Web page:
It was difficult to pack for Sweden in September for two reasons:
1. All I know about Scandanavia is that it is supposed to be bitterly cold and near the Arctic (making it a perfect environment for the Northern lights). However, since it wasn’t freezing in London (also notoriously chilly), how cold could it really be?
2. All my knowledge as to what people wear in Stockholm comes from the blog (wait for it…) Stockholm Street Style, in which everyone seems to be engulfed by black quilts and wearing heels.
Well, as it turns out, I should have brought only black clothes that were quilted. Not only was it super cold, everyone did (as the stereotype goes) look like supermodels. Although when the average person is tall, thin, blond, and wearing exclusively black, this should really come as no surprise. Looking back, when I think of Stockholm Style Blog, it always struck me as a bit darker. Now, I know. Henry Ford and the Swedes get along (you can have it in any color, as long as it’s black). Also, everyone who looked remotely local seemed to be wearing some variation on the Chelsea boot. The moral of the story is: don’t wear tuxedo shoes in Stockholm. Bring boots.
After sorting out the wardrobe, I set out to see the Vasa, Sweden’s very own marine archeological feat, brought to you fresh from 1626. The ship, which originally embarrassingly sank in the Stockholm harbor stands as the world’s only full scale model of a meticulously preserved 17th century ship to date. Taking 10 years just to remove it from the harbor, this ship represents a labor of historical love, and to great avail. When I looked at the Captain’s Quarter’s I couldn’t help but reminisce about old Nemo and his underwater exploits. Though not exactly the same time period, the point is that the Vasa is a marvel of modern preservation methods, and very worth visiting.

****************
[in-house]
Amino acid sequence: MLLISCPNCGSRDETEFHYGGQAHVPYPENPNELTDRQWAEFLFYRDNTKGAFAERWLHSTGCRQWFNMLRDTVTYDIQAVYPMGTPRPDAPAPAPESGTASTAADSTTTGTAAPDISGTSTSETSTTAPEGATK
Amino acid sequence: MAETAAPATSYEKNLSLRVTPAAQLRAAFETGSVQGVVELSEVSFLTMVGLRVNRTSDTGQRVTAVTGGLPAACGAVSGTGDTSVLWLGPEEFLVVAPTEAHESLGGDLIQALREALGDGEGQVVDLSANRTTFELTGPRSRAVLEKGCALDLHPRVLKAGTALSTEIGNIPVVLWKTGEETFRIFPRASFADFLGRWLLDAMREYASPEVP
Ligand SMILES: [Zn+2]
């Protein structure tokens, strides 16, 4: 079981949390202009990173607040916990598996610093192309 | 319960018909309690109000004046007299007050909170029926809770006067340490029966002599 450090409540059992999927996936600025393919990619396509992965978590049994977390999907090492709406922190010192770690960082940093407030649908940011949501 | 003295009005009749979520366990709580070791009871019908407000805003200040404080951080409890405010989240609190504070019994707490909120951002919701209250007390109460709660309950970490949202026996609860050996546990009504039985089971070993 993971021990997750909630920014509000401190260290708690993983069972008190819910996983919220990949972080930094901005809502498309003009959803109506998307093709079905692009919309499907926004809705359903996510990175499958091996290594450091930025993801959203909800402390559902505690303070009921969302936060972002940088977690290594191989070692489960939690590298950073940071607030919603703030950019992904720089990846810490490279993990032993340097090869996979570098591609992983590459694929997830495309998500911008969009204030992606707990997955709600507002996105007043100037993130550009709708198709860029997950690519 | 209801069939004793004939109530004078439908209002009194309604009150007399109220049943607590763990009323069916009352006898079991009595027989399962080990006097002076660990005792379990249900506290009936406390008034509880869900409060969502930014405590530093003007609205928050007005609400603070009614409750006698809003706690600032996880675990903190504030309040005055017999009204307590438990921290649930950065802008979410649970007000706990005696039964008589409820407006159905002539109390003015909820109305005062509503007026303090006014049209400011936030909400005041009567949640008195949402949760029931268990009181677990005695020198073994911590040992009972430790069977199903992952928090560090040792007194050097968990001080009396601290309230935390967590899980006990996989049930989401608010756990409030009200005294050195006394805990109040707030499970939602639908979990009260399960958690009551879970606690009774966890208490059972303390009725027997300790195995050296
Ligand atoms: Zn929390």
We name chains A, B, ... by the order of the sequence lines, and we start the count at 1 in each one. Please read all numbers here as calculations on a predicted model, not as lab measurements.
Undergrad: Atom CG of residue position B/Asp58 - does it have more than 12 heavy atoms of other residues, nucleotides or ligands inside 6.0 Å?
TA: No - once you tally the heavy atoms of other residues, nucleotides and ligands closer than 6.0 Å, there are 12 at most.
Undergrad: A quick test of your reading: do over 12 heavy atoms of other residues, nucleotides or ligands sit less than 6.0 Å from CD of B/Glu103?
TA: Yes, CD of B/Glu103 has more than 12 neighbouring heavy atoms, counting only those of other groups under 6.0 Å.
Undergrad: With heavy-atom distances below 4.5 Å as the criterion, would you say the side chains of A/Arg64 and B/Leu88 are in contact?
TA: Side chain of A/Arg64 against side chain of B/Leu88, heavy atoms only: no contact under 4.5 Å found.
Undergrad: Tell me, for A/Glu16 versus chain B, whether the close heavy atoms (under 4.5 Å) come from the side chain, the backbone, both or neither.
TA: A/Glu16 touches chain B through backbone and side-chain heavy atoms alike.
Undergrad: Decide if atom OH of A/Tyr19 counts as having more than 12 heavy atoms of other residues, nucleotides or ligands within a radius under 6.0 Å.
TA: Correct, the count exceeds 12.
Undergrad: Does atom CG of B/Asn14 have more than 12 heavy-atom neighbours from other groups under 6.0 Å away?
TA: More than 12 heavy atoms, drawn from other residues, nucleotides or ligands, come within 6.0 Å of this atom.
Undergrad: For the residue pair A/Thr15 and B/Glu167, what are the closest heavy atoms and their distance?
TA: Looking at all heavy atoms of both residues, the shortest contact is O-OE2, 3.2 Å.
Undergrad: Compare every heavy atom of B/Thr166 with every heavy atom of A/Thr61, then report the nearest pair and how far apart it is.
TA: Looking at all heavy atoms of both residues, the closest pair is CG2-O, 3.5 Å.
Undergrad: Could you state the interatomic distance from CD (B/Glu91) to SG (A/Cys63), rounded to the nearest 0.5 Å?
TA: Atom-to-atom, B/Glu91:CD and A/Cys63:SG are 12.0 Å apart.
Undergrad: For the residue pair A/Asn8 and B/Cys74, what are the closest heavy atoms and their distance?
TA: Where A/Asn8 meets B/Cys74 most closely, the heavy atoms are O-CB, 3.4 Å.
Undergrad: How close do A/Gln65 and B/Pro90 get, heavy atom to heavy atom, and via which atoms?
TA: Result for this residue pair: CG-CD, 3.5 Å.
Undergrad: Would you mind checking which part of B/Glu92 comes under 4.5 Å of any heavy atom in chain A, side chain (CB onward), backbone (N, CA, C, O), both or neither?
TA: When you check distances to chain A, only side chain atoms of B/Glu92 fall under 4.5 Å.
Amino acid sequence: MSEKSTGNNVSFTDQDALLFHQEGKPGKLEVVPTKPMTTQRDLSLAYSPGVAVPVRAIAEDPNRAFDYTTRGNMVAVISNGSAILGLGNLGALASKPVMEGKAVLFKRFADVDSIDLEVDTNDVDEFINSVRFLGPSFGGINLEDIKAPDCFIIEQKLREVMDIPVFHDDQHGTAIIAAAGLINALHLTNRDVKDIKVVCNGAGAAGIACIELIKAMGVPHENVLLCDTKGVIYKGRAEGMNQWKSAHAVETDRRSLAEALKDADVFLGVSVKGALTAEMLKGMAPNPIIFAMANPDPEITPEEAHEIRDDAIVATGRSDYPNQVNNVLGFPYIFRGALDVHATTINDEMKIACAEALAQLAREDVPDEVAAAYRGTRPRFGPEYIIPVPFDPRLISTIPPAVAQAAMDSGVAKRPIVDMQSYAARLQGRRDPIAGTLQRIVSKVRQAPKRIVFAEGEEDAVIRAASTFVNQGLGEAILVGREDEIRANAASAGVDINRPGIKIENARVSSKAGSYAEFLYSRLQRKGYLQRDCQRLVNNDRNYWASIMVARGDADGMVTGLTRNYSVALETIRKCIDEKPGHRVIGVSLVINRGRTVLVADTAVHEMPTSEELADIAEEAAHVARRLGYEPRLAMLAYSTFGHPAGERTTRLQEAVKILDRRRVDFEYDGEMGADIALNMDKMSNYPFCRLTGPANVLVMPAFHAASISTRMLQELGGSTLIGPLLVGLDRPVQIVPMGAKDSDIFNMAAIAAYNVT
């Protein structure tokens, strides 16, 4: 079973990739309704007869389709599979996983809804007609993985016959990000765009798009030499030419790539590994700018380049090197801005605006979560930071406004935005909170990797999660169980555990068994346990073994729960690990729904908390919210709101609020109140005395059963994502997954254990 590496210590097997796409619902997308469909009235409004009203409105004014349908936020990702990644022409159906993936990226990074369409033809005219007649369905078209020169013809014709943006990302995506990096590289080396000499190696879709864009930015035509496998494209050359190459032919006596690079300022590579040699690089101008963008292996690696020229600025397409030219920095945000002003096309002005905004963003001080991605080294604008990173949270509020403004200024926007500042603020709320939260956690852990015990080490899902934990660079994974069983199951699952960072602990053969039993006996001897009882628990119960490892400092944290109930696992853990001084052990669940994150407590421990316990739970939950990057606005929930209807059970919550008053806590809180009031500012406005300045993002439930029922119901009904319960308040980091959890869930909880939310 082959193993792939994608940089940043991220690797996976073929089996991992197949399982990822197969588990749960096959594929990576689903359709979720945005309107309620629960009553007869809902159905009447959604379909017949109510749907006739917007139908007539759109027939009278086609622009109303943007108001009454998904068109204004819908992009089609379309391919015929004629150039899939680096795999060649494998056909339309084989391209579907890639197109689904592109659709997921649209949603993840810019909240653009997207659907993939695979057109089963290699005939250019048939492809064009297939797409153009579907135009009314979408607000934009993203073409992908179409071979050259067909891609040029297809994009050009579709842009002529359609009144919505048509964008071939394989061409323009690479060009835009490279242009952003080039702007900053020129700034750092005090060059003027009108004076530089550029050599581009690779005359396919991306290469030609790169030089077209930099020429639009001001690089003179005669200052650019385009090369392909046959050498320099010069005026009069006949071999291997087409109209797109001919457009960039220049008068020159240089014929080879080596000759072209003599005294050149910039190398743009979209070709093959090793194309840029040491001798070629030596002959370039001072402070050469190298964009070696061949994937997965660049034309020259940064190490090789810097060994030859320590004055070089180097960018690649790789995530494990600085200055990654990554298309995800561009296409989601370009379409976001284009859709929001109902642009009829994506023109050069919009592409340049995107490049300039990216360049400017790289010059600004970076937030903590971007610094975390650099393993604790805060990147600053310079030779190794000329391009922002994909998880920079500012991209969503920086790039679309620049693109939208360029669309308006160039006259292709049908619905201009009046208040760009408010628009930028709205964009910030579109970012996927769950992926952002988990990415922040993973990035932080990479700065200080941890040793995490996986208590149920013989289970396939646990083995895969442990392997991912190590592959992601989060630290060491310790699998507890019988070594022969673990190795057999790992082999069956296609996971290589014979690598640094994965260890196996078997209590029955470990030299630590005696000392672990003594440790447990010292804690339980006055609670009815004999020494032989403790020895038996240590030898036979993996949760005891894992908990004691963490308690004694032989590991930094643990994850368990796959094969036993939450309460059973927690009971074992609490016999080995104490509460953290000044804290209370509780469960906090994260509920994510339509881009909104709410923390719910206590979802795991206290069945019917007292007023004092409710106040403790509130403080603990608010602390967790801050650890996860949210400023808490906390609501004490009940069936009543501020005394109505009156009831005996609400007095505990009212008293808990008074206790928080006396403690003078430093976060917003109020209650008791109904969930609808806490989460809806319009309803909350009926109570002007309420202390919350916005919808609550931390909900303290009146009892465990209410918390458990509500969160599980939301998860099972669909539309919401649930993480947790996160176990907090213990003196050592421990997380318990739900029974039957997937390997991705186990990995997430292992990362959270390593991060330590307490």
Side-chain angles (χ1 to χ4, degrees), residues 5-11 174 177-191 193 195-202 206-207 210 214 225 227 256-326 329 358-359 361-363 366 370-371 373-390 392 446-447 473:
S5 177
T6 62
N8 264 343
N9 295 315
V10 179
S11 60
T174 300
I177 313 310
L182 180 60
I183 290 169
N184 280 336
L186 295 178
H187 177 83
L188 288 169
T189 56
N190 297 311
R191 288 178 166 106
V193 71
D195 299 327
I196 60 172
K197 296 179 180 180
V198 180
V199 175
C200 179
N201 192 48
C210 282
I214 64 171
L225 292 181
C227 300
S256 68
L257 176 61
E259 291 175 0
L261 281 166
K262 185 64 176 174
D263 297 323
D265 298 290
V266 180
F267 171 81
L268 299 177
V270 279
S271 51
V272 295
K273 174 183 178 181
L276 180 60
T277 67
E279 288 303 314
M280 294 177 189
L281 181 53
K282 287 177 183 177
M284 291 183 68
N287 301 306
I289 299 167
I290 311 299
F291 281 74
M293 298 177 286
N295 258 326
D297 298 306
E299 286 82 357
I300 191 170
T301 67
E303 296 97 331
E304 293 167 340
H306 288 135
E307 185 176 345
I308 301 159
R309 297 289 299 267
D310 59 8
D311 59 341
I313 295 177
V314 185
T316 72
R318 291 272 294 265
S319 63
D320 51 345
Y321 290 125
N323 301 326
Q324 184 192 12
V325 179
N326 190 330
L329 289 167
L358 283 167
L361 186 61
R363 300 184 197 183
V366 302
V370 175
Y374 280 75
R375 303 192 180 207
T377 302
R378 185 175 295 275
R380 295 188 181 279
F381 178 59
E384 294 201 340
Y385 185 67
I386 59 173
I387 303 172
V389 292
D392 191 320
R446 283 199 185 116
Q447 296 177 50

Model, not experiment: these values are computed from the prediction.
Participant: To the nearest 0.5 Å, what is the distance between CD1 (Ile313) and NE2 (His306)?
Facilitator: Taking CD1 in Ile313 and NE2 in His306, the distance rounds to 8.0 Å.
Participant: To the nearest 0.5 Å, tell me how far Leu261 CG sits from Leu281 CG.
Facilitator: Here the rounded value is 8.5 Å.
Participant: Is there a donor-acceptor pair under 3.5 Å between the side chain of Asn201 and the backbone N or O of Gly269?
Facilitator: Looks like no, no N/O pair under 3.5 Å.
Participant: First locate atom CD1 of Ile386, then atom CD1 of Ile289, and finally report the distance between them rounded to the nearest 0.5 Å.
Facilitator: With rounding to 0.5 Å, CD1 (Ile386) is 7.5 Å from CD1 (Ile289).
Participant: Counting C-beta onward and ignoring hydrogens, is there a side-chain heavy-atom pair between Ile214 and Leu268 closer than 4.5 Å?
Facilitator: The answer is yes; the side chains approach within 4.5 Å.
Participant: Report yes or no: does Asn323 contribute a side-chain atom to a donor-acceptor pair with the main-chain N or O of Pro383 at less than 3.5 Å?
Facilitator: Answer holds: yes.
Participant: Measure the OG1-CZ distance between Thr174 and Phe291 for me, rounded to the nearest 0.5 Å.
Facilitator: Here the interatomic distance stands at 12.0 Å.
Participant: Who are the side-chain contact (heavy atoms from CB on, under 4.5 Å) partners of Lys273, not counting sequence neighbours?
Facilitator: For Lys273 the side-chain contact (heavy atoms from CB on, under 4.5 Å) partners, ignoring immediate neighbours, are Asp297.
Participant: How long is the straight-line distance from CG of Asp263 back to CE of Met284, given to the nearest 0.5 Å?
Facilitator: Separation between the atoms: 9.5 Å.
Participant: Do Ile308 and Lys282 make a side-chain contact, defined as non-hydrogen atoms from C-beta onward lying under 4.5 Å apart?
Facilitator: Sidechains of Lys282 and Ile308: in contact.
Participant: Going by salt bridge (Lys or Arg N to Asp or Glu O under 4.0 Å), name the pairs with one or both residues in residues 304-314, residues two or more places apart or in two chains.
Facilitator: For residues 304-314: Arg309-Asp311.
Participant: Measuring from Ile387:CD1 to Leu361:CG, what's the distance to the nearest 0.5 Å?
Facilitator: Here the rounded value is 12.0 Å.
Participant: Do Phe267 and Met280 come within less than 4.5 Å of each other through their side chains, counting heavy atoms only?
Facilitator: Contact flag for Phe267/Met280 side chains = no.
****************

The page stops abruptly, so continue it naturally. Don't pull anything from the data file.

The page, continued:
After a long museum morning, I headed over to “Salu Hall.” While I don’t have a direct translation, it should be something roughly like “a pantheon of ridiculously good food in a building with a fake steeple.” I ordered some sundried tomato lasagne (it looked too good to resist) and a few pastries. I have to say, Sweden can do some lemon pastries. For whatever reason, you could by them in bulk from the 7-11s on the corner, but they were worth it.
Not lemon, but equally good,
Early morning light over Stockholm
I admit this wasn’t my best pairing, but for what it’s worth:
Shirt: Estate Sale Find
Pseudo-PJ Pants: H&M